A funder’s return or share in the proceeds of a case is typically reflective of the risk which the funder takes on.23Ibid, pg 26. Much like other investment classes, the higher the risk, the higher the expected return to the investor. Where a group of cases are funded together, as a package, the funder tends to diversify its risk. The funder’s return and its costs of funding each of the cases in the portfolio can be recovered from those cases that are successful, mitigating the otherwise binary impact to a funder of an unsuccessful case. Indeed, in some situations, a funder may fund cases with no immediate monetary value (including defences) if its costs and a return may be recovered from other matters of potential value within the portfolio.24Ibid, pg 38.

The impact of this diversification of risk is often to reduce the overall cost of funding to the funded party. It may also allow the funded party to pool together claims in a portfolio that may not provide sufficient monetary value to secure funding on a stand-alone basis — although a single claim for recovery of USD1m may be insufficient to secure funding, the combined value in our hypothetical scenario above may well be. In some cases, the combined value of a portfolio may be used to secure funds, not only for legal expenditure, but also for general business purposes or simply to declare as profit.25Ibid.

Accordingly, portfolio dispute finance can provide several attractive benefits to organisations with multiple commercial disputes at play. It can allow the pursuit of numerous claims (and potentially defences) at zero or reduced cost to the business. The company effectively reduces its risk while it pursues its commercial interests and realises the value of its litigation/arbitration assets. Where the funder also provides project management and strategic support, the impact upon an organisation’s resources is also reduced. In many cases this allows the organisation to pursue claims that might otherwise have been written-off or settled on less favourable terms.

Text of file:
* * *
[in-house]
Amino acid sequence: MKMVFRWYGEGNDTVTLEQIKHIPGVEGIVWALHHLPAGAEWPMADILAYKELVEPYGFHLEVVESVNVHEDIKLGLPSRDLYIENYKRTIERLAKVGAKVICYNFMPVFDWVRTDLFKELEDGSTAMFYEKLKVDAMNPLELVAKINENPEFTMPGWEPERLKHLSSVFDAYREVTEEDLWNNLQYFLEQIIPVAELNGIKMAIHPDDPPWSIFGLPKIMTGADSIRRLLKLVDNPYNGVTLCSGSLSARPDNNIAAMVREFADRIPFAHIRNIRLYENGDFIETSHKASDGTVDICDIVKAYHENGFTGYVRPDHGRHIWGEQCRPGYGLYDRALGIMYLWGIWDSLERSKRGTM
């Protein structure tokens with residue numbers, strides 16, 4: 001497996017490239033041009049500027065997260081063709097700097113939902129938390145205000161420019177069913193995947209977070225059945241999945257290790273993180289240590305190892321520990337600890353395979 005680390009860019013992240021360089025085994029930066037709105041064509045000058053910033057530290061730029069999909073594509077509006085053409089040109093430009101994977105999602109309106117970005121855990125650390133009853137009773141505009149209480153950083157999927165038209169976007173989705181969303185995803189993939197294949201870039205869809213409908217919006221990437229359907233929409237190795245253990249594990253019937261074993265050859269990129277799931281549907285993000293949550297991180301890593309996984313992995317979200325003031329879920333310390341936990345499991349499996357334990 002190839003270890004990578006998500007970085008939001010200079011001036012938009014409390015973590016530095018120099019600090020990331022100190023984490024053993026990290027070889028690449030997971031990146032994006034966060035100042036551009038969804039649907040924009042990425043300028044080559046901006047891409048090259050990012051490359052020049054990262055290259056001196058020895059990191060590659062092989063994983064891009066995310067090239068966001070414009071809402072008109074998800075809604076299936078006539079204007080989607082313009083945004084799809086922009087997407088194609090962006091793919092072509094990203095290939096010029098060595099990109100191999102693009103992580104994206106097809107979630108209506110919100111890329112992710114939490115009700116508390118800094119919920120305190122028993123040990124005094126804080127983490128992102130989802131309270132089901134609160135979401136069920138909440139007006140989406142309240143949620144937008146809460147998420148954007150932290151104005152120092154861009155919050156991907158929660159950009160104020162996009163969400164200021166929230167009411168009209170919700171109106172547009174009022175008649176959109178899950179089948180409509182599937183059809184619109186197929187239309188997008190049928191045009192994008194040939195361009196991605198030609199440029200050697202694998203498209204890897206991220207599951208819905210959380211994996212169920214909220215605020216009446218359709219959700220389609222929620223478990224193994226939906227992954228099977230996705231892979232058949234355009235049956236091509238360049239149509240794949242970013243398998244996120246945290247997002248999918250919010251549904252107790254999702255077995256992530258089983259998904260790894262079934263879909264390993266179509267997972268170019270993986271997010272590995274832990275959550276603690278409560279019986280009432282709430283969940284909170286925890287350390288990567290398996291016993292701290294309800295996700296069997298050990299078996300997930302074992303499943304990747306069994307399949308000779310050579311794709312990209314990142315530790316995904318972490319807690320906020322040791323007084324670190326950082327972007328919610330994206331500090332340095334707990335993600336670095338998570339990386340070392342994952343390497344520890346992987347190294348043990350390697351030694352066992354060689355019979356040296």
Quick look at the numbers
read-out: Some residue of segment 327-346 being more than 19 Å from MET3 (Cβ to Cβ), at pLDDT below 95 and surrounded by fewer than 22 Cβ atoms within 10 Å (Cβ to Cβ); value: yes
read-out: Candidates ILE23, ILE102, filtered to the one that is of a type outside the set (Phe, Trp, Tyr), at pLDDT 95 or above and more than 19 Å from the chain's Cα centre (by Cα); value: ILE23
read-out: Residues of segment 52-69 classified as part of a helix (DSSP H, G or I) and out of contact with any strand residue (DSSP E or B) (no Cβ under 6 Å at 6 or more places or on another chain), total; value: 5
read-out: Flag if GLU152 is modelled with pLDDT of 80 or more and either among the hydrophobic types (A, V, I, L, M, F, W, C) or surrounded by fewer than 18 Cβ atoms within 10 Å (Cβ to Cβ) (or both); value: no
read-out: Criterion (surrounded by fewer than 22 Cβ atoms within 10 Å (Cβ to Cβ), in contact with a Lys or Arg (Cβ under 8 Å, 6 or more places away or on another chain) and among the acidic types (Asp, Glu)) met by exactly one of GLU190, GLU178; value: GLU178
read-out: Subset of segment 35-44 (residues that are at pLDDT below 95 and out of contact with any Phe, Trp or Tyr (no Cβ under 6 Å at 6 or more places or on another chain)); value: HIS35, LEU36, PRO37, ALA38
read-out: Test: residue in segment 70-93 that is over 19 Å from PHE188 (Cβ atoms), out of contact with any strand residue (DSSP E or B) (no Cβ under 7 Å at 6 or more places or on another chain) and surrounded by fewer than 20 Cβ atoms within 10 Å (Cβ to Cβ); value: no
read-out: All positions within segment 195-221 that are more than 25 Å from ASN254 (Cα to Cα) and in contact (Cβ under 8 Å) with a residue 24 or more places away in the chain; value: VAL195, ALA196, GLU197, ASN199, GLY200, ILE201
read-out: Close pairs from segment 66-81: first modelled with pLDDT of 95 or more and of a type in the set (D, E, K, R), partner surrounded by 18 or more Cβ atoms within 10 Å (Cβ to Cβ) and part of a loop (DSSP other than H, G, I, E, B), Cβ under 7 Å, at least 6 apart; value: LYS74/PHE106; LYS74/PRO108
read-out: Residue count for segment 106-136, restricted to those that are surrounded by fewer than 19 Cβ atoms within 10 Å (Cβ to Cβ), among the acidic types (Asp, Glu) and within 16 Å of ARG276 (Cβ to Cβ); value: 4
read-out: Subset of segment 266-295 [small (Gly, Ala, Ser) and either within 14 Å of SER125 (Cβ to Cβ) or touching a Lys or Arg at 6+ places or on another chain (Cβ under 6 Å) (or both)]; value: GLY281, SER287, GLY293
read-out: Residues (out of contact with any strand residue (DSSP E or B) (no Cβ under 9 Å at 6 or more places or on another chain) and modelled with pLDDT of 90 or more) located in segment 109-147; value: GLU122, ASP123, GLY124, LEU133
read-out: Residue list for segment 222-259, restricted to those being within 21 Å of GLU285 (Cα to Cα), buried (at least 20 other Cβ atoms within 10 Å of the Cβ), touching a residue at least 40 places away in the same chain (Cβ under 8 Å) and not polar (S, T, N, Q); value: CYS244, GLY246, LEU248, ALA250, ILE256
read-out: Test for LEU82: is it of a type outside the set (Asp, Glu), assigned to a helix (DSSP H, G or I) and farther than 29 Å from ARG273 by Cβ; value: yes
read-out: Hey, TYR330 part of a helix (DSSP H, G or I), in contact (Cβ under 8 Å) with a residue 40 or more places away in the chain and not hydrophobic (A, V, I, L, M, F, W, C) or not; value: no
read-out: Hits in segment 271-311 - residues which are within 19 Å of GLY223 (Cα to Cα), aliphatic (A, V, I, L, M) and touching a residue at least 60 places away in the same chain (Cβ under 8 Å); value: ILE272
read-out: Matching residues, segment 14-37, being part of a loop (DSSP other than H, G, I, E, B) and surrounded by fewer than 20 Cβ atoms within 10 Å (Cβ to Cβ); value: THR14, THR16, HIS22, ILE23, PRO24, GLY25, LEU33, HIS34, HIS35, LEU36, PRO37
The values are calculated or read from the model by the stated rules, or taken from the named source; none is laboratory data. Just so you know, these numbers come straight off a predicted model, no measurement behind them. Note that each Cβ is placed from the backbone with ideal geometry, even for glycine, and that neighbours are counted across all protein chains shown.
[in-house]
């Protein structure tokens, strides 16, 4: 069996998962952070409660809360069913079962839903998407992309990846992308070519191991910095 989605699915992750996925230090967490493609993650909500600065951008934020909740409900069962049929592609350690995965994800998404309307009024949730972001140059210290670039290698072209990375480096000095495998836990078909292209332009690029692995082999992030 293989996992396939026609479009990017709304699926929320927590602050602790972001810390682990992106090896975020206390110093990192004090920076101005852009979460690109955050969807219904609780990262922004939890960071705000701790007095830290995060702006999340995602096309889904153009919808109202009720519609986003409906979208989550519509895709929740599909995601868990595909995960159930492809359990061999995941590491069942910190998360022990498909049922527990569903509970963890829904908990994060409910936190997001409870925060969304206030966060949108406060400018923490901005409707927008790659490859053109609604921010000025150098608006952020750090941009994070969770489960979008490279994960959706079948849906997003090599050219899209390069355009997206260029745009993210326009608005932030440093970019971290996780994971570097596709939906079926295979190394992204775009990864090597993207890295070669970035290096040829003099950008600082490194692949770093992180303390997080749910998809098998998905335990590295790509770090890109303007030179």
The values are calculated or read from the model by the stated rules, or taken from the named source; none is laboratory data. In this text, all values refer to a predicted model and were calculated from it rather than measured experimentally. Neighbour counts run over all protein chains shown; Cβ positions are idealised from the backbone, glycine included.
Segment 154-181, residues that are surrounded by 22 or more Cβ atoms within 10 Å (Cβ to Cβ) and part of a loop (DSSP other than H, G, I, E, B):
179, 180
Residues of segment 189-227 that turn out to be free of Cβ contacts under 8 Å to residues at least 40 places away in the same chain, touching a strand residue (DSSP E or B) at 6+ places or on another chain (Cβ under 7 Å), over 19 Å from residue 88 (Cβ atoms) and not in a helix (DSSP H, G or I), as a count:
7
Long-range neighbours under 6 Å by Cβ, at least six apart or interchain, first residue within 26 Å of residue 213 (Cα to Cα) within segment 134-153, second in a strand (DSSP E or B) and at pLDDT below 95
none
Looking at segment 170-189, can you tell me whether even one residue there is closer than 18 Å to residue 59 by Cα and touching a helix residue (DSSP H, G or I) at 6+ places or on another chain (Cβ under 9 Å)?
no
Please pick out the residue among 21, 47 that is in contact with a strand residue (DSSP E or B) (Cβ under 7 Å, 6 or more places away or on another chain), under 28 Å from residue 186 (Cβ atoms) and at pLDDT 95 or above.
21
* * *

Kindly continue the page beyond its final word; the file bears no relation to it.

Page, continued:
Our hypothetical scenario envisages an organisation with a clearly suitable profile for portfolio dispute finance. The insurer has multiple potential subrogated claims against the defaulting counterparties of its policy holding clients.

As noted above, any decision on whether to pursue those defaulting counterparties will require a careful assessment of the strength of each claim, the prospects of recovery and the cost and resourcing required to pursue it. This evaluation alone requires resources and potential cost and often results in insurers preferring to write off the value of the subrogated claims.

By sharing its portfolio of potential subrogated claims with a funder, our hypothetical insurer can outsource the cost and resources required to identify those subrogated claims with good prospects for recovery. Funders with extensive hands-on international expertise, like IMF Bentham, carry out this economic assessment every day and are well placed to assess the proportionality of cost, likelihood of success and potential difficulties for recovery and enforcement.

This sifting process, alone, assists the insurer in ascribing value or otherwise to its contingent claims. Those that lack prospects can be written-off, while those worth pursing are retained and pursued with the benefit of non-recourse funding, without risk or cost to the insurer. The bulk of any proceeds are returned to the insurer as they occur — value that otherwise would not have been realised — while the funder recoups its costs and a modest return reflecting its diversified risk. If the value of the portfolio of claims is sufficient, the insurer might also leverage its subrogated claims to fund other legal costs, such as defending unmeritorious claims by policy holders, or even to fund other operational needs of the business.

Conclusion

Each day, claims mangers of insurers, like our hypothetical trade credit insurer, face the difficult question of whether or not to pursue complex subrogated claims. Too often the perceived risks and costs lead to avoidance and considerable value is written off the books. In this article we have drawn on the expertise of experienced arbitration counsel and a leading international funder to demonstrate how insures may substantially reduce the risk of pursuing subrogated actions in the Asia region. By adopting these measures insurers can more confidently leverage their valuable rights of subrogation and increase profitability without taking undue risks.